Charly Haley covers city government for the Grand Forks Herald. As night reporter, she also has many general assignments. Before working at the Herald, she was a reporter at the Jamestown Sun and interned at The Forum of Fargo-Moorhead, Detroit Lakes Newspapers and the St. Cloud Times. Haley is a graduate of Minnesota State University Moorhead, and her hometown is Sartell, Minn.
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MINOT — Dennis Roerick remembers it as the worst Father’s Day of his life. It was June 19, 2011, when he and his wife, JoAnn, heard warnings on the 10 p.m. news about the rising Souris River. The river, expected to crest higher than the city’s levees could handle, put the Roericks’ home, nestled in Minot’s Souris River Valley, in jeopardy. Days later, the Roericks, like thousands of other Minot residents, rushed to evacuate their homes in the wake of a record-breaking flood.
FINLEY — One of Sherry Midstokke’s two court-ordered mental evaluations states that she was competent when she allegedly murdered her husband at their Finley home in February, according to her lawyer. Attorney Blake Hankey said he and his colleagues still believe the 61-year-old was mentally ill at the time of the alleged murder.
GRAND FORKS — President Barack Obama is planning to visit a North Dakota Indian reservation next month, The Washington Post is reporting. Officials from Turtle Mountain and Spirit Lake Indian reservations said they haven’t heard anything from the White House but would welcome Obama if he were visiting. U.S. Sens. John Hoeven and Heidi Heitkamp of North Dakota also said they don’t have any details of Obama’s trip.
GRAND FORKS — Blizzard Gigi may have made for an unusually wintery March 31, but the storm was just what last month needed for “normal” precipitation, if not temperatures. Like the rest of this winter, last month was much colder than normal, and Blizzard Gigi didn’t help with that, said Bill Barrett, meteorologist with the National Weather Service office in Grand Forks. March was, on average, “about 7 to 8 degrees colder than normal,” he said.
GRAND FORKS — For the first time in at least 15 years, the city of Grand Forks recently denied a liquor license because of an applicant’s prior felony convictions. The man’s three felony convictions were in the 1990s, and according to his license application he currently holds a liquor license in Spiritwood Lake. Although the Grand Forks City Council unanimously denied the license at its Feb.
GRAND FORKS — Many of us living in the Upper Midwest consider ourselves weather warriors, proudly bearing the coldest of the cold. Sure, the forecast high today in Grand Forks is 21 degrees, but that’s nothing.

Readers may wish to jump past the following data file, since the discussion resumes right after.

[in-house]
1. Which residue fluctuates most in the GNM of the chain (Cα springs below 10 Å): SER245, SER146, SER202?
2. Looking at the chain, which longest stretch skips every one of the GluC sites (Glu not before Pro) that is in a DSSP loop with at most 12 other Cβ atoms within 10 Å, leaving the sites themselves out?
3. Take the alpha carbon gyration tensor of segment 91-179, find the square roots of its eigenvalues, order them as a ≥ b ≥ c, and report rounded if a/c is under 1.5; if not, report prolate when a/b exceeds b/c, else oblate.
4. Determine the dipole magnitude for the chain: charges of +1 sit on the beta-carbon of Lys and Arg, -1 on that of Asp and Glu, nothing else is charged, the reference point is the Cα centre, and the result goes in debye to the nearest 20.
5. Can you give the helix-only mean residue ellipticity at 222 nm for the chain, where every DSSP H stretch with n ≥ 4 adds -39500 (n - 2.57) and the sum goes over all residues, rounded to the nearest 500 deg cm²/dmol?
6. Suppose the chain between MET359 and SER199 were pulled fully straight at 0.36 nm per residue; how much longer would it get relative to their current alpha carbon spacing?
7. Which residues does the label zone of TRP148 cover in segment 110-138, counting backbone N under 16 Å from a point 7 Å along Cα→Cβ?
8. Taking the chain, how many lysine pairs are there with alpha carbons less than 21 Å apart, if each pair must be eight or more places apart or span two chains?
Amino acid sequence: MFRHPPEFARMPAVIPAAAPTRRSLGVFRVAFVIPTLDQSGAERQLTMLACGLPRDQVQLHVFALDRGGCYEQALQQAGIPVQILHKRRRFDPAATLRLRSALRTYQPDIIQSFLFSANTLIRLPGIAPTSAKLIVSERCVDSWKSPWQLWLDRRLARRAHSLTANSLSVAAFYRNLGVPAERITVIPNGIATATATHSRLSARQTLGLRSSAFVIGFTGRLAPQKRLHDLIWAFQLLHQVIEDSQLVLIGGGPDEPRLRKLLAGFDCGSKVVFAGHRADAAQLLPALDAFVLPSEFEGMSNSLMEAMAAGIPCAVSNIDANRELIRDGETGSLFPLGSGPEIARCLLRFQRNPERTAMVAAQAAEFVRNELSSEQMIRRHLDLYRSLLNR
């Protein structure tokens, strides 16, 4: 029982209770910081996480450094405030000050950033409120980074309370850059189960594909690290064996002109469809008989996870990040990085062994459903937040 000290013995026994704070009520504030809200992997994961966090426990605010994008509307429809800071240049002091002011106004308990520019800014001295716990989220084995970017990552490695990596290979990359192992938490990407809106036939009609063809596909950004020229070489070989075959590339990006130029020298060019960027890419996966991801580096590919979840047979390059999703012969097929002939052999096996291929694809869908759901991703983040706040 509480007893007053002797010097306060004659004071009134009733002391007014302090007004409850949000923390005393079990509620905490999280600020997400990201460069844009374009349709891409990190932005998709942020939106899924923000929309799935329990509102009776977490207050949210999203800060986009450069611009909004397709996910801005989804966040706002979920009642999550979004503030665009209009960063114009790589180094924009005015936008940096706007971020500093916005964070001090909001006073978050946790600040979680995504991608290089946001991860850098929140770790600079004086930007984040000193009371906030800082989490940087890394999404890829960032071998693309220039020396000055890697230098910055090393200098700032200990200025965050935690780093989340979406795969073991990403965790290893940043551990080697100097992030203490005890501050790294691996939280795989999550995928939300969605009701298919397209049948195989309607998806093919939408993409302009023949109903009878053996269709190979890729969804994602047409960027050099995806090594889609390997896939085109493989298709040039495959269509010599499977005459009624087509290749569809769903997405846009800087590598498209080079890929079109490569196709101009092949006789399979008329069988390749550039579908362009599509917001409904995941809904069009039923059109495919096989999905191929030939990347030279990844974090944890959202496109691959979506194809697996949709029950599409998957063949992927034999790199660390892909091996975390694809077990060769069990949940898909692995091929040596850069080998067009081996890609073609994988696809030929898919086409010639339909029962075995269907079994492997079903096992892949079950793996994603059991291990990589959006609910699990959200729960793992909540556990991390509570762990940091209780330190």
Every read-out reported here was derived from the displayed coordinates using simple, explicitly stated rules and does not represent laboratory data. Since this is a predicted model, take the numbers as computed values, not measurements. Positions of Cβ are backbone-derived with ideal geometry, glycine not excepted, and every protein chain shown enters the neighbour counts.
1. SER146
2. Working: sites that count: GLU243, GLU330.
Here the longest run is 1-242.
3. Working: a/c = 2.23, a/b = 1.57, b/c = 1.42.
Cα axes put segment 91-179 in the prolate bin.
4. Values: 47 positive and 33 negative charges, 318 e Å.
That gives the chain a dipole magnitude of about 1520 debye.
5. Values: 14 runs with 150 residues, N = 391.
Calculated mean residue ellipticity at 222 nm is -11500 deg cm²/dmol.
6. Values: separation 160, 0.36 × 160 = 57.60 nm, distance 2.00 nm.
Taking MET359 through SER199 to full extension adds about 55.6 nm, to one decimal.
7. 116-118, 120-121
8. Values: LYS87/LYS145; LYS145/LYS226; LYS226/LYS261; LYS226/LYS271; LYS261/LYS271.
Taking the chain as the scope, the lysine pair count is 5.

GRAND FORKS — When Amber Schatz found out she was going to be anchoring a Bismarck newscast with actor Will Ferrell, she had to keep it a secret. So the only person she told was her brother, Nathan Schatz, who was being treated for traumatic brain injury at Altru Hospital in Grand Forks after a car accident Oct.
While driving in North Dakota, the information in a car’s “black box” — such as whether the seatbelt is buckled and how far the accelerator is pressed down — belongs to drivers. But cross the river into Minnesota, or drive in 35 other states, and that data can be accessed by law enforcement, insurance companies, automakers and others without the driver’s consent. Sens. John Hoeven, R-N.D., and Amy Klobuchar, D-Minn., aim to set a national standard.
If December seemed colder than usual, that’s because it was. The month’s near record-breaking cold temperatures have challenged some businesses and contributed to an increase in car accidents. Jeff Makowski, meteorologist at the National Weather Service office in Grand Forks, said December 2013 was the fourth coldest December in the area since 1890.
GRAND FORKS — Women living in rural North Dakota are less likely to have their breast cancer diagnosed until it has reached an advanced stage, according to a recent University of North Dakota study. One of the authors of the study, fourth-year medical student Krishan Jethwa said this highlights rural women’s lack of easy access to mammograms and the need for greater awareness of the disease among rural residents. The study followed a group of 260 white women, ages 29 to 94, who were receiving treatment at a Fargo cancer center.